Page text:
Severus Alexander

Alexander Severus Musei Capitolini MC471.jpg
Portrait of family of Septimius Severus - Altes Museum - Berlin - Germany 2017.jpg
Severus Alexander (/səˈvɪərəs/; Latin: Marcus Aurelius Severus Alexander Augustus;[1] c.207 - 19 March 235) was Roman Emperor from 222 to 235 and the last emperor of the Severan dynasty. He succeeded his cousin Elagabalus, upon the latter's assassination in 222, and was ultimately assassinated himself, marking the epoch event for the Crisis of the Third Century—nearly 50 years of civil wars, foreign invasion, and collapse of the monetary economy, though this last part is now disputed.

Alexander was the heir to his cousin, the 19-year-old Emperor who had been murdered along with his mother Julia Soaemias, by his own guards, who, as a mark of contempt, had their remains cast into the river Tiber.[2] He and his cousin were both grandsons of the influential and powerful Julia Maesa, who had arranged for Elagabalus' acclamation as emperor by the famous Third Gallic Legion. It was the rumor of Alexander's death that triggered the assassination of Elagabalus and his mother.[3] His 13-year reign was the longest reign of a sole emperor since Antoninus Pius.[4] He was also the second-youngest ever sole legal Roman Emperor during the existence of the united empire, the youngest being Gordian III.

As emperor, Alexander's peace time reign was prosperous. However, Rome was militarily confronted with the rising Sassanid Empire and growing incursions from the tribes of Germania. He managed to check the threat of the Sassanids. But when campaigning against Germanic tribes, Alexander attempted to bring peace by engaging in diplomacy and bribery. This alienated many in the Roman Army and led to a conspiracy to assassinate and replace him. According to Canduci, Alexander is remembered as an emperor who was "level headed, well meaning, and conscientious", but his fatal flaw was his domination by his mother and grandmother.[5] Not only did this undermine his authority, but his mother's influence was the cause of Alexander's least popular actions (convincing him not to take part in battle and trying to buy off the warring Germanic barbarians).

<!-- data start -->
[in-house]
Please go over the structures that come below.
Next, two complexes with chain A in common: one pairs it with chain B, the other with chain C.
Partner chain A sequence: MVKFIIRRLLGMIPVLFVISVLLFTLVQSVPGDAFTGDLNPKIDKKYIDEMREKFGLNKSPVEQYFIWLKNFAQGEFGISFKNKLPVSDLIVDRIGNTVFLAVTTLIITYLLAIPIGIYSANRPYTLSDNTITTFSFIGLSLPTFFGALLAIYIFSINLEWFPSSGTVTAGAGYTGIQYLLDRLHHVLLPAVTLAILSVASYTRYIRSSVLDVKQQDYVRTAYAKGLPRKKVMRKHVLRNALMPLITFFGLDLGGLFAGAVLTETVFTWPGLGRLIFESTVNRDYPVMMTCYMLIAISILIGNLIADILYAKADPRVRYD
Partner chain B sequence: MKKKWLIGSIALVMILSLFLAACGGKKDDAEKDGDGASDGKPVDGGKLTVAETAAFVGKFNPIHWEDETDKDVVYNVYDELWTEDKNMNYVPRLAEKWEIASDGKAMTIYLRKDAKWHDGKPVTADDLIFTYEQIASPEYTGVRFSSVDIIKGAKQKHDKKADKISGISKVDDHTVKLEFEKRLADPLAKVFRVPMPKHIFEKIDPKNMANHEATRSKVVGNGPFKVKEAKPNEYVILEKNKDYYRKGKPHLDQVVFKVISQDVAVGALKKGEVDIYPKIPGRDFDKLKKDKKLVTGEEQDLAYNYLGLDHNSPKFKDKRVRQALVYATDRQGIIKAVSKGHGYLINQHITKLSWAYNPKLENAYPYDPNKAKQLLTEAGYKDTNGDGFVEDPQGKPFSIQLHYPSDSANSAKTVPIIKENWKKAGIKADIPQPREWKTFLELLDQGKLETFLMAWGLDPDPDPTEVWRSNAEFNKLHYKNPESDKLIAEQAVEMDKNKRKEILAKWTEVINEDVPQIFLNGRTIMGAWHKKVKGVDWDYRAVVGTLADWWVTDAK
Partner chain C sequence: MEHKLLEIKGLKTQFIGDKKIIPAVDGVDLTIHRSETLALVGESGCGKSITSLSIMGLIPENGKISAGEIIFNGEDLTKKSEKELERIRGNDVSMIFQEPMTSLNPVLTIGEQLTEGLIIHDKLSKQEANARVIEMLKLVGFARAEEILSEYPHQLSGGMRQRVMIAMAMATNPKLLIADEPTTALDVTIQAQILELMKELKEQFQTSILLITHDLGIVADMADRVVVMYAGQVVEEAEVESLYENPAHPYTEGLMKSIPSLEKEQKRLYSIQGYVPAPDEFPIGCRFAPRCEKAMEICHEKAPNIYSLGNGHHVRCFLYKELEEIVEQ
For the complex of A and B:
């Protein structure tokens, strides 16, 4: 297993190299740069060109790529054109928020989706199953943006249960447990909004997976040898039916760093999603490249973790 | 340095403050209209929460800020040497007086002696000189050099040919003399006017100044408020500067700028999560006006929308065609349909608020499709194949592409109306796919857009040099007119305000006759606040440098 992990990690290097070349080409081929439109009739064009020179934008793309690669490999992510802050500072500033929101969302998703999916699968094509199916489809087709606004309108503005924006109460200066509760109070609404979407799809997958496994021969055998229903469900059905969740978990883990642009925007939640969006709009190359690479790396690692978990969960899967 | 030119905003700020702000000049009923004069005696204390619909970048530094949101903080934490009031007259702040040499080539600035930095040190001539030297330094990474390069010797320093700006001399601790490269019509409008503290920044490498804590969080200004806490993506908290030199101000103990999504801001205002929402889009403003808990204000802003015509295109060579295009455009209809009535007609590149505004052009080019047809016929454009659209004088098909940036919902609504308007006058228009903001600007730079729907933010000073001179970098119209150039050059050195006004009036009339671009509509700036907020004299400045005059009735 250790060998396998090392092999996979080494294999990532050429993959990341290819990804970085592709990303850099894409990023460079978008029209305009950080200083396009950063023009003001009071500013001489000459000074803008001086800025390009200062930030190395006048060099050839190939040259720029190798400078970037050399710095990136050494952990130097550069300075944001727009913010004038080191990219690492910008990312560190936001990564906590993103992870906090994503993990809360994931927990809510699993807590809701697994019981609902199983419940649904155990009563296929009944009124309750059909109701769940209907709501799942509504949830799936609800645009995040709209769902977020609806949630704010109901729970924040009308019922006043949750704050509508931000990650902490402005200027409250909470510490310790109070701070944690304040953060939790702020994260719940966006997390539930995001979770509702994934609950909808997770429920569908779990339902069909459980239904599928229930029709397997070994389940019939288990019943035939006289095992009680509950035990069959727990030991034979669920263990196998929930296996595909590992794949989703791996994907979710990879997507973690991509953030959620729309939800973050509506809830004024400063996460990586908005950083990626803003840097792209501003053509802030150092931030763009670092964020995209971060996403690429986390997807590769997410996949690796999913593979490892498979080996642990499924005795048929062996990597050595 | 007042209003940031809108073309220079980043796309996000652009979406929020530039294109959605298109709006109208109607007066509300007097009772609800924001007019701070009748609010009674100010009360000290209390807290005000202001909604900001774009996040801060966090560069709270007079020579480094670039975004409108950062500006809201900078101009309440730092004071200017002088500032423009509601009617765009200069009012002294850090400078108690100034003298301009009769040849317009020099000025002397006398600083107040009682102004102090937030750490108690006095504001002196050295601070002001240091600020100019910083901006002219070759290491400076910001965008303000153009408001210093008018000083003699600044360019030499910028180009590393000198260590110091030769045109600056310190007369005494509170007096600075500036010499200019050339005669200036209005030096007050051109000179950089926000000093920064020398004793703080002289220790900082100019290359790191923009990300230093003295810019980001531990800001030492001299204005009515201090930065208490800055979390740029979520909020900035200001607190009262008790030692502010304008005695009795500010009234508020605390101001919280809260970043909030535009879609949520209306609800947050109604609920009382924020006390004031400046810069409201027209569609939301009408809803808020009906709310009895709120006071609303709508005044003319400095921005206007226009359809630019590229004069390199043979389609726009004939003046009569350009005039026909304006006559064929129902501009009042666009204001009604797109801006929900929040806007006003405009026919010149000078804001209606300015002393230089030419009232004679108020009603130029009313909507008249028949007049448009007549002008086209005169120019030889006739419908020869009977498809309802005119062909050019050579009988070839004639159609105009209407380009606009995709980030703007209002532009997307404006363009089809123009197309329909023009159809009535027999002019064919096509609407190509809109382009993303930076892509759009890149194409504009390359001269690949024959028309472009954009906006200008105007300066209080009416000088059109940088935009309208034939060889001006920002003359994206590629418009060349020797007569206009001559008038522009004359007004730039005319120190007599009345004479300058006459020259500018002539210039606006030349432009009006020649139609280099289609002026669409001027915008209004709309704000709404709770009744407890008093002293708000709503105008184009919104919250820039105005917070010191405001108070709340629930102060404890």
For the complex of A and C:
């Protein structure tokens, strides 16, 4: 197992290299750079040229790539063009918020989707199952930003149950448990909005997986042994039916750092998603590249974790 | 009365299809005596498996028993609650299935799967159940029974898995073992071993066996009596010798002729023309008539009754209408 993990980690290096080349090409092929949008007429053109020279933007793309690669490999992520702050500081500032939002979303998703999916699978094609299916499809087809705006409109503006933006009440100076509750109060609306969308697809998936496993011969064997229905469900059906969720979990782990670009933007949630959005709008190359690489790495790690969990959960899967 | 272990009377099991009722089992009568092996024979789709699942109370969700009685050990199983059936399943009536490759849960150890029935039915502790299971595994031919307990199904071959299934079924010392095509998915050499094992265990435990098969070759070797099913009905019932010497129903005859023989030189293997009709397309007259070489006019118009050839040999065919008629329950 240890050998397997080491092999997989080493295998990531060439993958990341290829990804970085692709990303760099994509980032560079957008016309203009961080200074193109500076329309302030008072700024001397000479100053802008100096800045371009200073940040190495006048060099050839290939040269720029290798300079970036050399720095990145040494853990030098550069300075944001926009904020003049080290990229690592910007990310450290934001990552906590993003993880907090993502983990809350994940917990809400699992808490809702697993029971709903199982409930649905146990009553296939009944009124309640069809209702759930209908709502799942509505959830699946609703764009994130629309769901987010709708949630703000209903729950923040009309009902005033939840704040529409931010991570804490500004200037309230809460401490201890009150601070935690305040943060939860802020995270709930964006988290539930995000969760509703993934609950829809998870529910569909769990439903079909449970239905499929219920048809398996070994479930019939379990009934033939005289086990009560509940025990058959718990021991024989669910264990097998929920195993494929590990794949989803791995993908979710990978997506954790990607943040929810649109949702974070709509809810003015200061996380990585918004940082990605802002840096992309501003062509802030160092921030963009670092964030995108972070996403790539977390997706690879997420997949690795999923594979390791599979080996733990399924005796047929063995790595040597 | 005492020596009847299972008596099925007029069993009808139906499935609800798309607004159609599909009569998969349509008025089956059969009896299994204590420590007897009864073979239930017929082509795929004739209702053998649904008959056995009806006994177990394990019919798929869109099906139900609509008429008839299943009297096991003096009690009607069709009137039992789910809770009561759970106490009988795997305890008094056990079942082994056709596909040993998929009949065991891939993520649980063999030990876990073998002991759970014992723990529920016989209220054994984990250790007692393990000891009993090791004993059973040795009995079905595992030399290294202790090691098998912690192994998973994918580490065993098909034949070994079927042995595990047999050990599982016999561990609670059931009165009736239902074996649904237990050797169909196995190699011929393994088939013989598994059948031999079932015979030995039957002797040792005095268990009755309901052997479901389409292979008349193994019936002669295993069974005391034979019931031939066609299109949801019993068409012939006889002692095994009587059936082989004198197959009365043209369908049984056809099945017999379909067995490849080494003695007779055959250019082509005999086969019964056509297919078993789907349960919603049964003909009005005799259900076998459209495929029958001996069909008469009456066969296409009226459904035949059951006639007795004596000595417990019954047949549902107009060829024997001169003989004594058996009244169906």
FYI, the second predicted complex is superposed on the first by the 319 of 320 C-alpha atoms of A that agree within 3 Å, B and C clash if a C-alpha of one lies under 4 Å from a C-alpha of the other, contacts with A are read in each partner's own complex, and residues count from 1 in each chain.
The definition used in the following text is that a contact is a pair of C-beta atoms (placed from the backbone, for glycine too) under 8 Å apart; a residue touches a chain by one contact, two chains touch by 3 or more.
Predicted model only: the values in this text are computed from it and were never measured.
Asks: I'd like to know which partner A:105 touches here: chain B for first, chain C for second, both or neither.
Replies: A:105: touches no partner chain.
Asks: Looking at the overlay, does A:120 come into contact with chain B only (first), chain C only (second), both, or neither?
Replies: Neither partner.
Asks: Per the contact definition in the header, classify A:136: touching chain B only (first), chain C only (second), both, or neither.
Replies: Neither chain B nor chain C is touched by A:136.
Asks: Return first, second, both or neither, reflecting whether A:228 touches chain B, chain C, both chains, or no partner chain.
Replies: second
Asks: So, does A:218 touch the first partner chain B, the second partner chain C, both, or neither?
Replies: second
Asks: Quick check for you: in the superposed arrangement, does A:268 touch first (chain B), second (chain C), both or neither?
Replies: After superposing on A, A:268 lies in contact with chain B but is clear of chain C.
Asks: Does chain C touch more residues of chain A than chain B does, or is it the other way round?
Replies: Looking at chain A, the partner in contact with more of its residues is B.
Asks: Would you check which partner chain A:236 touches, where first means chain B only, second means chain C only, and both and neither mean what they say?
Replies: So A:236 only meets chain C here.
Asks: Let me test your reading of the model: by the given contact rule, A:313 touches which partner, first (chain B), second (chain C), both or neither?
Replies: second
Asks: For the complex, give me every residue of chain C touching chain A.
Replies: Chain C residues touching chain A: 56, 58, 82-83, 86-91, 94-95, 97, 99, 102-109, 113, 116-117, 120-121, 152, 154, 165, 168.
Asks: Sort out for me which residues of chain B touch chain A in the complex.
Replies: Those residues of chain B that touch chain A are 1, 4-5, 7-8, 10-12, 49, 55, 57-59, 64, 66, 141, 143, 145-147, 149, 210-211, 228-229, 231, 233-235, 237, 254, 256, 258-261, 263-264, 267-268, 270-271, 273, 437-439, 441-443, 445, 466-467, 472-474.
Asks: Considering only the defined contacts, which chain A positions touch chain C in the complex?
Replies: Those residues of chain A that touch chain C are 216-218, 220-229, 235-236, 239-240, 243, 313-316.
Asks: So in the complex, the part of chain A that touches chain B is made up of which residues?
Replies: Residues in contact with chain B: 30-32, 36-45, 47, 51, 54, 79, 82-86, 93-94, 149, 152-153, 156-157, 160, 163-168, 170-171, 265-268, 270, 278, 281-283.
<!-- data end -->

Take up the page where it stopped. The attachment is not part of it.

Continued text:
Born between 206-208,[6][7] Severus Alexander became emperor when he was around 15 years old (though he could be 14 or 16), making him the youngest emperor in Rome's history, until the ascension of Gordian III. Alexander's grandmother believed that he had more potential to rule than her other grandson, the increasingly unpopular emperor Elagabalus, whom Alexander replaced.[8] Thus, to preserve her own position, she had Elagabalus adopt the young Alexander and then arranged for Elagabalus' assassination, securing the throne for Alexander.[9] The Roman army hailed Alexander as emperor on 13 March 222, immediately conferring on him the titles of Augustus, pater patriae and pontifex maximus.[citation needed]

Throughout his life, Alexander relied heavily on guidance from his grandmother, Maesa, and mother, Julia Mamaea. Maesa died in 223, leaving Mamaea as the sole influence upon Alexander's actions.[citation needed]

As a young, immature, and inexperienced adolescent, Alexander knew little about government, warcraft, or the role of ruling over an empire. Because of this, throughout his entire reign he was a puppet of his mother's advice and entirely under her jurisdiction, a state of affairs that was not popular with the soldiers.[10]

Under the influence of his mother, Alexander did much to improve the morals and condition of the people, and to enhance the dignity of the state.[11] He employed noted jurists to oversee the administration of justice, such as the famous jurist Ulpian.[5] His advisers were men like the senator and historian Cassius Dio, and it is claimed that he created a select board of 16 senators,[12] although this claim is disputed.[13] He also created a municipal council of 14 who assisted the urban prefect in administering the affairs of the 14 districts of Rome.[14] Excessive luxury and extravagance at the imperial court were diminished,[15] and he restored the Baths of Nero in 227 or 229; consequently, they are sometimes also known as the Baths of Alexander after him.

Upon his accession he reduced the silver purity of the denarius from 46.5% to 43% — the actual silver weight dropped from 1.41 grams to 1.30 grams; however, in 229 he revalued the denarius, increasing the silver purity and weight to 45% and 1.46 grams. The following year he decreased the amount of base metal in the denarius while adding more silver, raising the silver purity and weight again to 50.5% and 1.50 grams.[16] Additionally, during his reign taxes were lightened; literature, art and science were encouraged;[17] and, for the convenience of the people, loan offices were instituted for lending money at a moderate rate of interest.[18]

This page was last edited on 13 July 2018, at 22:34 (UTC).
Reference: under CC BY-SA license.

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